As someone who uses headphones in cramped commuting situations, I find it is best to just let the Pixel Buds hang on my neck and plug them into my ears as needed. Getting them in and out of the case isn't the best experience in a confined space.  

Sound quality and control

Audio quality for the Pixel Buds is generally good. You get ample loudness and depth, which means music from these headphones aren't tinny. For pop, hip-hop and rock music, you'll get surprising depth and bass, it’s a bit trickier if you like subtler genres like vocal, jazz, classical or instrumentals.

Since I use headphones mostly for news and podcasts as well as to listen to Audiobooks, sound quality and loudness was just fine. Pixel Buds also have a pretty good connection, even in known dead spots they maintained an acceptable condition. Being a wired set ensures that both L and R buds are in synch.

The R earbud also has a capacitive volume control and button for invoking Google Assistant. The volume control right on the bud was very accurate and intuitive and something that is missing from competing devices like AirPods and Jaybird Run.

Assistant on Tap

For me, the best feature of Google's Pixel Buds is Google Assistant on tap. More than just being able to talk to Google Assistant to run searches or take or make calls, there's an interesting proactive element at work here.

Pixel Buds will tell you the time, read out notifications as they come in as well as serve many of the functions of Google Home. This is really like having a computer in your ear and makes the idea of a personal assistant even more intimate. 

I know AirPods supposedly have 'Hey, Siri' on tap, but this never worked for me. I can't even get AirPods to start playing audio by tapping on them, much less try and Siri commands.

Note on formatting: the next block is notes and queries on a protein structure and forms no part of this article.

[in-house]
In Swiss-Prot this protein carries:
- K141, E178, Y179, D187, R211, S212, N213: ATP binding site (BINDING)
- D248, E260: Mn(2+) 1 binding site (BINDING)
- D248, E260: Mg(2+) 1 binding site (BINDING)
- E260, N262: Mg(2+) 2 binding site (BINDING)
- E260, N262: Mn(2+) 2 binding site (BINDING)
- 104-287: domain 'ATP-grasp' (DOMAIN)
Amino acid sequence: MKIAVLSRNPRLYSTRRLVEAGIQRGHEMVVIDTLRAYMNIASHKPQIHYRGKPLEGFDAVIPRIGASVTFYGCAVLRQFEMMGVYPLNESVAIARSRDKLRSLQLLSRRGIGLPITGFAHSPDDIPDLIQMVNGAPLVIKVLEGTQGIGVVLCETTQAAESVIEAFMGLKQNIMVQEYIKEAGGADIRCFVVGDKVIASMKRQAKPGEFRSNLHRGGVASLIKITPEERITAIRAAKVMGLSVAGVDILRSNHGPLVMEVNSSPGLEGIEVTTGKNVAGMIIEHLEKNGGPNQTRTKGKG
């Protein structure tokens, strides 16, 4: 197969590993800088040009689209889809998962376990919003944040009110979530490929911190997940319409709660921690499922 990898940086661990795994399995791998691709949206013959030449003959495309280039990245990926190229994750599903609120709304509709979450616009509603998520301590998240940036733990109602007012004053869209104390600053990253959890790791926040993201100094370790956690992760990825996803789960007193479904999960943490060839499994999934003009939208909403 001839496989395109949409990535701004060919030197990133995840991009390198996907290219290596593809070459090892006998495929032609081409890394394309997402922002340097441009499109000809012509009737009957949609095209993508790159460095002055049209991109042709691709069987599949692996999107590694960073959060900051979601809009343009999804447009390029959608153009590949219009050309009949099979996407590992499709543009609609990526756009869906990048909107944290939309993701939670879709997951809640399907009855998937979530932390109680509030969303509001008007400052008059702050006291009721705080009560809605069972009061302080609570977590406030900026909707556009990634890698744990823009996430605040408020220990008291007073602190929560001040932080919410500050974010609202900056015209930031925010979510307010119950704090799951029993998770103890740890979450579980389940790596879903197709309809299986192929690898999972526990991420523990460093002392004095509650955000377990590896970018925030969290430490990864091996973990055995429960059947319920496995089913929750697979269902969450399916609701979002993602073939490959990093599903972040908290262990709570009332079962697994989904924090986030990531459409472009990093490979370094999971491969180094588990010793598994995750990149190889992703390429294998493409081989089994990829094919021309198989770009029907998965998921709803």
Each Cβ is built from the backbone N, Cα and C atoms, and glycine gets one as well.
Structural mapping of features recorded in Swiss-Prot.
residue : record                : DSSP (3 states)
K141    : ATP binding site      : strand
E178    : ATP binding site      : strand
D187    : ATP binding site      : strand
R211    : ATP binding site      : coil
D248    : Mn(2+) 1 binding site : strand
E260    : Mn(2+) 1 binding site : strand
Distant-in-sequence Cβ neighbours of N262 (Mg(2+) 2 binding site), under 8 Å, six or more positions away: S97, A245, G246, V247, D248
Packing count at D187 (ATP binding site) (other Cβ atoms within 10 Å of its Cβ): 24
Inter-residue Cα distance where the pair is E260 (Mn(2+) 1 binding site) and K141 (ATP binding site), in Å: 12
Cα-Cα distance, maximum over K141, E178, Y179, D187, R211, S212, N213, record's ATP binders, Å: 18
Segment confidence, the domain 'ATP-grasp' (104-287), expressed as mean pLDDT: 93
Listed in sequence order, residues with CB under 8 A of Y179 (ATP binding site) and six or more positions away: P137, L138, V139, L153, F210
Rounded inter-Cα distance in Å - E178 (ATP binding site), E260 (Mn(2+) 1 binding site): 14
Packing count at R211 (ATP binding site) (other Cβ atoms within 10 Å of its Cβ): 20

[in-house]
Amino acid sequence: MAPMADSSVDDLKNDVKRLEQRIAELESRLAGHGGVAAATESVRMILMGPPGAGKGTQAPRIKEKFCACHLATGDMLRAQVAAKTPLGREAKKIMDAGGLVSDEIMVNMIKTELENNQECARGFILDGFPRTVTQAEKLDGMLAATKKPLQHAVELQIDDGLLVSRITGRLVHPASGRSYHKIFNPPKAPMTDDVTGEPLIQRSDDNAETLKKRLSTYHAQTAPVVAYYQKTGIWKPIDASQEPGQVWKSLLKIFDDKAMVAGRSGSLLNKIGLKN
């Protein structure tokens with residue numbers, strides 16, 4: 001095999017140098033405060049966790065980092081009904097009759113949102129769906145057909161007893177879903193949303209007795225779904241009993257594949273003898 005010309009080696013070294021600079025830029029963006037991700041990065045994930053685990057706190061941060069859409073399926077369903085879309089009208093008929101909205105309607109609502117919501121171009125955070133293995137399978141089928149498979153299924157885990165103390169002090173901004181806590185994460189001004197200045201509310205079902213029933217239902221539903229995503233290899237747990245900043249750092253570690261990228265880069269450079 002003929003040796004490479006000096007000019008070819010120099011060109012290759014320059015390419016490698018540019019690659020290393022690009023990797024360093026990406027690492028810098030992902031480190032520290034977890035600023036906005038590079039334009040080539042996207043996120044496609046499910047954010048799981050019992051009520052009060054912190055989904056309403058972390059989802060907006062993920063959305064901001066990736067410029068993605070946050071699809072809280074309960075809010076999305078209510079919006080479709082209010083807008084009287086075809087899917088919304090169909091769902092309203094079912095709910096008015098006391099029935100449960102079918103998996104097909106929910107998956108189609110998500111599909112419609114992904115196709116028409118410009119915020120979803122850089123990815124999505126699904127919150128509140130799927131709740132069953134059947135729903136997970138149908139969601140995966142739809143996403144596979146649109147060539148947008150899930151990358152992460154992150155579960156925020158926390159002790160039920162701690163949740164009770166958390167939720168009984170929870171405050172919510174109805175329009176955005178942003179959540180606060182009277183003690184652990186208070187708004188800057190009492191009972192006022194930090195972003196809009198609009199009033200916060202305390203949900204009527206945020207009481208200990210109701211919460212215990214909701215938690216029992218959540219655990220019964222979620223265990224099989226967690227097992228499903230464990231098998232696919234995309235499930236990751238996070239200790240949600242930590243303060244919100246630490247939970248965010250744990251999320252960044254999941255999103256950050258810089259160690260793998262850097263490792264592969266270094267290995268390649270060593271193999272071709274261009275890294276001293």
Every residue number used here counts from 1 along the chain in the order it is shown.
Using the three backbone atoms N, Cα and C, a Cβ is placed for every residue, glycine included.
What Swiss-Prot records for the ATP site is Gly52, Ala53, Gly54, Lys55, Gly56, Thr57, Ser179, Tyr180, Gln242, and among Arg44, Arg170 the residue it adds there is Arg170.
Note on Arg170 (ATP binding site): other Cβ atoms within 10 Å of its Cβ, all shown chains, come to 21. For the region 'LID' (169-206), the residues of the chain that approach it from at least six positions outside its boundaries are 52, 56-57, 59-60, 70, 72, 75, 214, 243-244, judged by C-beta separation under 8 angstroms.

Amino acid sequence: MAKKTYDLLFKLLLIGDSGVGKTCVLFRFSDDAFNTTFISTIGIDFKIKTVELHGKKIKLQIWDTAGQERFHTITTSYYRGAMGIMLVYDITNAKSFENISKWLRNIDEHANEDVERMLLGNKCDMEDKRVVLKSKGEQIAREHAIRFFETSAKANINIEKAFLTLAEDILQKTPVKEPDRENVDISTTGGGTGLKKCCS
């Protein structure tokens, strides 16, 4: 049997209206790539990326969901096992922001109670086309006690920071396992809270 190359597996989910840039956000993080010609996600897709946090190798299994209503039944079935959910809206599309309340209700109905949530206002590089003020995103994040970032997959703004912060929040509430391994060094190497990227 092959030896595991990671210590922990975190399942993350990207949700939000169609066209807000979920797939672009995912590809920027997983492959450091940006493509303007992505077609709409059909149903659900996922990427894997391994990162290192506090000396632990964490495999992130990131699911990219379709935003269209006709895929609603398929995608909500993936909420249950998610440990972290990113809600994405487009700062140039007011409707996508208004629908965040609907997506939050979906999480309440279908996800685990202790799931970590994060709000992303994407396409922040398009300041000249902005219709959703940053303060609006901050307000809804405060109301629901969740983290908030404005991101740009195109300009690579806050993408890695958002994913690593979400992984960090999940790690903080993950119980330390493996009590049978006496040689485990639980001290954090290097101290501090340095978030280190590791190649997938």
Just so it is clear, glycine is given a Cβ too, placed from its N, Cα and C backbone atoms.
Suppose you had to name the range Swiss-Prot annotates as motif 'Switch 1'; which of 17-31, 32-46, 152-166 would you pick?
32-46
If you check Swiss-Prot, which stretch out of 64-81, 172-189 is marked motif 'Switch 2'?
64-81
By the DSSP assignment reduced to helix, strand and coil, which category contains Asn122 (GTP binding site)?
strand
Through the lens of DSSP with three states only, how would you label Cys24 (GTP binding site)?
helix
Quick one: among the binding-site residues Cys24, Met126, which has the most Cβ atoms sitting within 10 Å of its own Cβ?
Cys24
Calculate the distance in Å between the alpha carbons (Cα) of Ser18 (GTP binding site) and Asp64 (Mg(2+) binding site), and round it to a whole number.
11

How valuable this is to users really depends on their familiarity and comfort level with Google Assistant as well as how wide their 'hands-free' need is. For me, this feature was the revelation that made the Pixel Buds a distinct and notable product.

One of the cool demos for Pixel Buds is Google Translate, which allows you to use the buds and a Pixel 2 to speak to and translate conversations in over 40 languages. There's a fair amount of artificial intelligence involved, so you need to have a fast Internet connection to have real-time translation. This is a cool and useful way to use the technology, however it is something you can do with most smartphones using the Google Translate app for free.

Pixel Buds do make a more natural conduit for Google Translate and likely have some technology built-in to make translations happen faster, but they're certainly not a critical piece to the experience.


I really wanted to like the Google Pixel Buds, I like the ideas they represent, specially having Google Assistant on hand, which, when it works, is downright cool. 

The basic requirements for any headphone are that they need to fit well and sound good. Pixel Buds sound very good for pop music but may not satisfy for more nuanced genres. As for the fit, that's going to be an issue for some users.

A pair of headphones in this price range should fit most users without issues (AirPods) or at least offer different options for ear tips and wings (most premium Bluetooth headphones). Pixel Buds may or may not fit you well. 

Battery life and quick charging via USB Type-C are a definite plus and offer a long running time and the ability to quickly add hours in minutes.

Pixel Buds are the best implementation of a smart assistant and A.I. on a device that's not a smart speaker and the potential here is tremendous. Pixel Buds still feel a little undercooked as a competitor to Apple's AirPods. The case and cord are inelegant, and some users will have an issue with fit and comfort.

Rating: 3.5 out of 5